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J Proteome Res. 2003 Sep-Oct;2(5):495-505.

"Top Down" characterization is a complementary technique to peptide sequencing for identifying protein species in complex mixtures.

Author information

1
Wyeth BioPharma, Andover, Massachusetts, USA. jcawley@exsar.com

Abstract

At present, mass spectrometry provides a rapid and sensitive means for making conclusive protein identifications from complex mixtures. Sequencing tryptic peptides derived from proteolyzed protein samples, also known as the "Bottom Up" approach, is the mass spectrometric gold standard for identifying unknowns. An alternative technology, "Top Down" characterization, is emerging as a viable option for protein identifications, which involves analyzing the intact unknowns for accurate mass and amino acid sequence tags. In this paper, both characterization methods were employed to more comprehensively differentiate two early-eluting peaks in a process-scale size-exclusion chromatography (SEC) step for a recombinant, immunoglobulin gamma-1 (IgG-1) fusion protein. The contents of each SEC peak were enzymatically digested, and the resulting peptides were mapped using reversed-phase (RP) HPLC-ion trap MS. Many low-level UV signals were observed among the fusion protein-related peptide peaks. These unknowns were collected, concentrated, and analyzed using nanoelectrospray (nanoES) collision-induced dissociation (CID) tandem (MS/MS) mass spectrometry for identification. The peptide sequencing experiments resulted in the identification of twenty host cell-related proteins. Following peptide mapping, the contents of the two SEC peaks were protein mass profiled using on-line RP HPLC coupled to a high-resolution, quadrupole time-of-flight (Qq/TOF) MS. Unknown proteins were also collected, concentrated, and dissociated using nanoES CID MS/MS. Intact protein CID experiments and accurate molecular weight information allowed for the identification of three full length host cell-derived proteins and numerous clips from these and additional proteins. The accurate molecular weight values allowed for the assignment of N- and C-terminal processing, which is difficult to conclusively access from peptide mapping data. The peptide-mapping experiments proved to be far more effective for making protein identifications from complex mixtures, whereas the protein mass profiling was useful for assessing modifications and distinguishing protein clips from full length species.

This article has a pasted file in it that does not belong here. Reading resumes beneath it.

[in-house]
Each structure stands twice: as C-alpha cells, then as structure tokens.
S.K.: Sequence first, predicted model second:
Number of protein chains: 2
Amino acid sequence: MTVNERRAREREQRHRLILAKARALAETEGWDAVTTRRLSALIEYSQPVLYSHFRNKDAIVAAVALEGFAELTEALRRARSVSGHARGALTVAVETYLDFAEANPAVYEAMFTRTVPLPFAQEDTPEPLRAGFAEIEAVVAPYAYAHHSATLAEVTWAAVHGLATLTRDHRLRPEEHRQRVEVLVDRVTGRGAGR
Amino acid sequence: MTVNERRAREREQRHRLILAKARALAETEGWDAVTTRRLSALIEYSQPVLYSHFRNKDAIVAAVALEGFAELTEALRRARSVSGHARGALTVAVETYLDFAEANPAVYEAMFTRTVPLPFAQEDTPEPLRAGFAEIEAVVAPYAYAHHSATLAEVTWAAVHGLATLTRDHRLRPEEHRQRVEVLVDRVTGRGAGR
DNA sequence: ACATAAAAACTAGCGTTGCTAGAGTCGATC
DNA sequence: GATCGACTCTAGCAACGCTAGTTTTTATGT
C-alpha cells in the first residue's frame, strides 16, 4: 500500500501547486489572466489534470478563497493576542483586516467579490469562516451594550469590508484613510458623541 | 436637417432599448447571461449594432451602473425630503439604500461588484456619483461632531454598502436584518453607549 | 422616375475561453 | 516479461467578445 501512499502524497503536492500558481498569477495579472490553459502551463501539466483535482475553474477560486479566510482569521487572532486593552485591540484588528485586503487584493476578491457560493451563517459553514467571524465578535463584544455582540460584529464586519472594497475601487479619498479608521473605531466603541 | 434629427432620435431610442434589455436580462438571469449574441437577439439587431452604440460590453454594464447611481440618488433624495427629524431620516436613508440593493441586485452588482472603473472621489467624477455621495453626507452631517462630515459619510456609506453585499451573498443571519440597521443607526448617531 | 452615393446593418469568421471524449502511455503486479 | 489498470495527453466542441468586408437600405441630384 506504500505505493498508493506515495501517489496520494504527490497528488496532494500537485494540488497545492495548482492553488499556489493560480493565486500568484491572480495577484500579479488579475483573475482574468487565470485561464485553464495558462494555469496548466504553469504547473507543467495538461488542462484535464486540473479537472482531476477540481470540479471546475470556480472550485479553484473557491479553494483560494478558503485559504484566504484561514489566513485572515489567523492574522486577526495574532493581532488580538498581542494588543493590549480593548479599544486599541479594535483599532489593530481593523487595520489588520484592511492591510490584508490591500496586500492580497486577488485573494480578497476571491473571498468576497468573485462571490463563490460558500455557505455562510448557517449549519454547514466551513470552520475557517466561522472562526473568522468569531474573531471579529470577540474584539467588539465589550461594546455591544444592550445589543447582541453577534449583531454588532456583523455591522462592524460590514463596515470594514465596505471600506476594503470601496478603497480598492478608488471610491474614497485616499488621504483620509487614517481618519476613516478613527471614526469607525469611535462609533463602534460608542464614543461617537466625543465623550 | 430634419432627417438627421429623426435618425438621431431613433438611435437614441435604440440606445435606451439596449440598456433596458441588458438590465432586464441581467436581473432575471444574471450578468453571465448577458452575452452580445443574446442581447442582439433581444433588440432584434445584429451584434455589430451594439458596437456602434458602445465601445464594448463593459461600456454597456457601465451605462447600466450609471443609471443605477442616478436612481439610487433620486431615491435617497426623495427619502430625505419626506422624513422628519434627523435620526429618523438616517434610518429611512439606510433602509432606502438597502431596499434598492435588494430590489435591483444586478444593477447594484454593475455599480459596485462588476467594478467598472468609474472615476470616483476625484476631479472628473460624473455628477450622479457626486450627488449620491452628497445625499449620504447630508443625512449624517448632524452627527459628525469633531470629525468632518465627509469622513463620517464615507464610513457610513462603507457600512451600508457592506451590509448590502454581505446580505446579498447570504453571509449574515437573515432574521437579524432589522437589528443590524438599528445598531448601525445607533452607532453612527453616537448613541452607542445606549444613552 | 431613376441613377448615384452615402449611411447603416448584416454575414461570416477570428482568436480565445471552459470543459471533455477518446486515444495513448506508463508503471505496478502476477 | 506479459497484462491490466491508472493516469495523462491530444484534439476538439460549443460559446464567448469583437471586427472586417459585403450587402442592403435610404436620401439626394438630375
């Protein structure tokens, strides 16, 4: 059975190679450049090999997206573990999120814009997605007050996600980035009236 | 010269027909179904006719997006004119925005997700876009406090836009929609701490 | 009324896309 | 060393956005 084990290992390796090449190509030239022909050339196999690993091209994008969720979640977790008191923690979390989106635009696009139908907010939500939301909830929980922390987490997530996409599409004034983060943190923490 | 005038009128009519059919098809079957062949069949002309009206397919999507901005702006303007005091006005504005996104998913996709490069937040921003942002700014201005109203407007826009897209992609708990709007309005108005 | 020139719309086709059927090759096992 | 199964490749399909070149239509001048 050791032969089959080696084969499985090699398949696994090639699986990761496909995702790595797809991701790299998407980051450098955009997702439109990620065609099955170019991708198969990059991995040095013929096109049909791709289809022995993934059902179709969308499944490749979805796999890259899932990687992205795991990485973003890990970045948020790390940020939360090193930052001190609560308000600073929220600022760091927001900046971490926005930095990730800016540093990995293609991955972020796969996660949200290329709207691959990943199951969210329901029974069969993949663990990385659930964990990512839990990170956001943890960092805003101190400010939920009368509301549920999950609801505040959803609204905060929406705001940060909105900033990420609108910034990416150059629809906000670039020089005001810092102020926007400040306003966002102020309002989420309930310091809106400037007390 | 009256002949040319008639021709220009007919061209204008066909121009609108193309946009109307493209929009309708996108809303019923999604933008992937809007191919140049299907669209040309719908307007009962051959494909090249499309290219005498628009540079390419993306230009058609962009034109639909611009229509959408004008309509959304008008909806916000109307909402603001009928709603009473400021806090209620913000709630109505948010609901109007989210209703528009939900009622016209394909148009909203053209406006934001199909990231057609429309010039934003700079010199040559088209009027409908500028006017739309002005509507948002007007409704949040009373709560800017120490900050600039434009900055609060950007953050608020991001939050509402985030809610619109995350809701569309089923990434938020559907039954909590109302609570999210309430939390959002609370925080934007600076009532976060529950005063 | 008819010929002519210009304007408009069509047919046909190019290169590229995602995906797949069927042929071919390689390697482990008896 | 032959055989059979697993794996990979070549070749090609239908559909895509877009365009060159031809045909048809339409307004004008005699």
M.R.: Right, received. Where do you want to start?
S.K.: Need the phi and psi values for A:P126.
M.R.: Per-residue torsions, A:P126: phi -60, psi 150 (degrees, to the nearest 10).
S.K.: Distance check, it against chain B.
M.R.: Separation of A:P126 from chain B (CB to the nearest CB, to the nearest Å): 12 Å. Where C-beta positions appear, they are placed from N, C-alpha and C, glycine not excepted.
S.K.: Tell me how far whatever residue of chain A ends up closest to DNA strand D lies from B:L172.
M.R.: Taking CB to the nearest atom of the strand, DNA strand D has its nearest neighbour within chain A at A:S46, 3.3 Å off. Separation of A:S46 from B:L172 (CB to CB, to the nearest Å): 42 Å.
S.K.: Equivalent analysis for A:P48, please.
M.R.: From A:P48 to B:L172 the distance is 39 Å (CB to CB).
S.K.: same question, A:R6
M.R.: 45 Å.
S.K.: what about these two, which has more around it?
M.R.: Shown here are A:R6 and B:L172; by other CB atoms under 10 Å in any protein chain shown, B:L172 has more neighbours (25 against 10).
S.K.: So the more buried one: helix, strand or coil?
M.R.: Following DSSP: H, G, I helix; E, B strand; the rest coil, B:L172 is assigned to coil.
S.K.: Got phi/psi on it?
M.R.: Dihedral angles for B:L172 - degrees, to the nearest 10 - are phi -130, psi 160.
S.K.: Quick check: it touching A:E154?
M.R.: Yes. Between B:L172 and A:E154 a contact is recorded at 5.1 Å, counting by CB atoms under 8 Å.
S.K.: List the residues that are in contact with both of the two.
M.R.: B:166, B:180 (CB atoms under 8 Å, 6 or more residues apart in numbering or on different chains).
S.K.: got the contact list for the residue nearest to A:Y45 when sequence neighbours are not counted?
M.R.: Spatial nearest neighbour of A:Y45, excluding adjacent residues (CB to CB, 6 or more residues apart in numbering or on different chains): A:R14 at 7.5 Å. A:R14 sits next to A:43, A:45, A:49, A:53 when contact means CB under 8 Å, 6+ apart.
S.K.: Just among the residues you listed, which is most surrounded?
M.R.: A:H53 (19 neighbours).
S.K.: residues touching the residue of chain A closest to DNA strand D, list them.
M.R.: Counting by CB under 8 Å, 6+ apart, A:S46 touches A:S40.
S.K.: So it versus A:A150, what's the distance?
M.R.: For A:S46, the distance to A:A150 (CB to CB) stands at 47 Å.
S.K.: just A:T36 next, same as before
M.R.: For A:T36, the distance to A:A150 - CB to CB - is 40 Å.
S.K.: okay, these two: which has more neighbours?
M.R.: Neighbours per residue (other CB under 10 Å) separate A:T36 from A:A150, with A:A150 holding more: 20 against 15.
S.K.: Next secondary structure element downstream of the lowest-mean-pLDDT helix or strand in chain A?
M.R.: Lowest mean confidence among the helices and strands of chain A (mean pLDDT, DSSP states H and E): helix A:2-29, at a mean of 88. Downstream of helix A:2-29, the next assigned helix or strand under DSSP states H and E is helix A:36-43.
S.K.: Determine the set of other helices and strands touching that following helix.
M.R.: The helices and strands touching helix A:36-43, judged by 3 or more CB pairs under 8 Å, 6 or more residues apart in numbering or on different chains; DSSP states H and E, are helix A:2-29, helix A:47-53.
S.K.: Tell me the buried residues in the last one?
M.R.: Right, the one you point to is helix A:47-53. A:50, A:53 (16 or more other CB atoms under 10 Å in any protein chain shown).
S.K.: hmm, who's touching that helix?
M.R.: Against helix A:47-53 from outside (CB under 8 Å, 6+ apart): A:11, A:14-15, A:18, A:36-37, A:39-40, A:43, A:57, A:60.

PMID:
14582646
DOI:
10.1021/pr034008u
[Indexed for MEDLINE]

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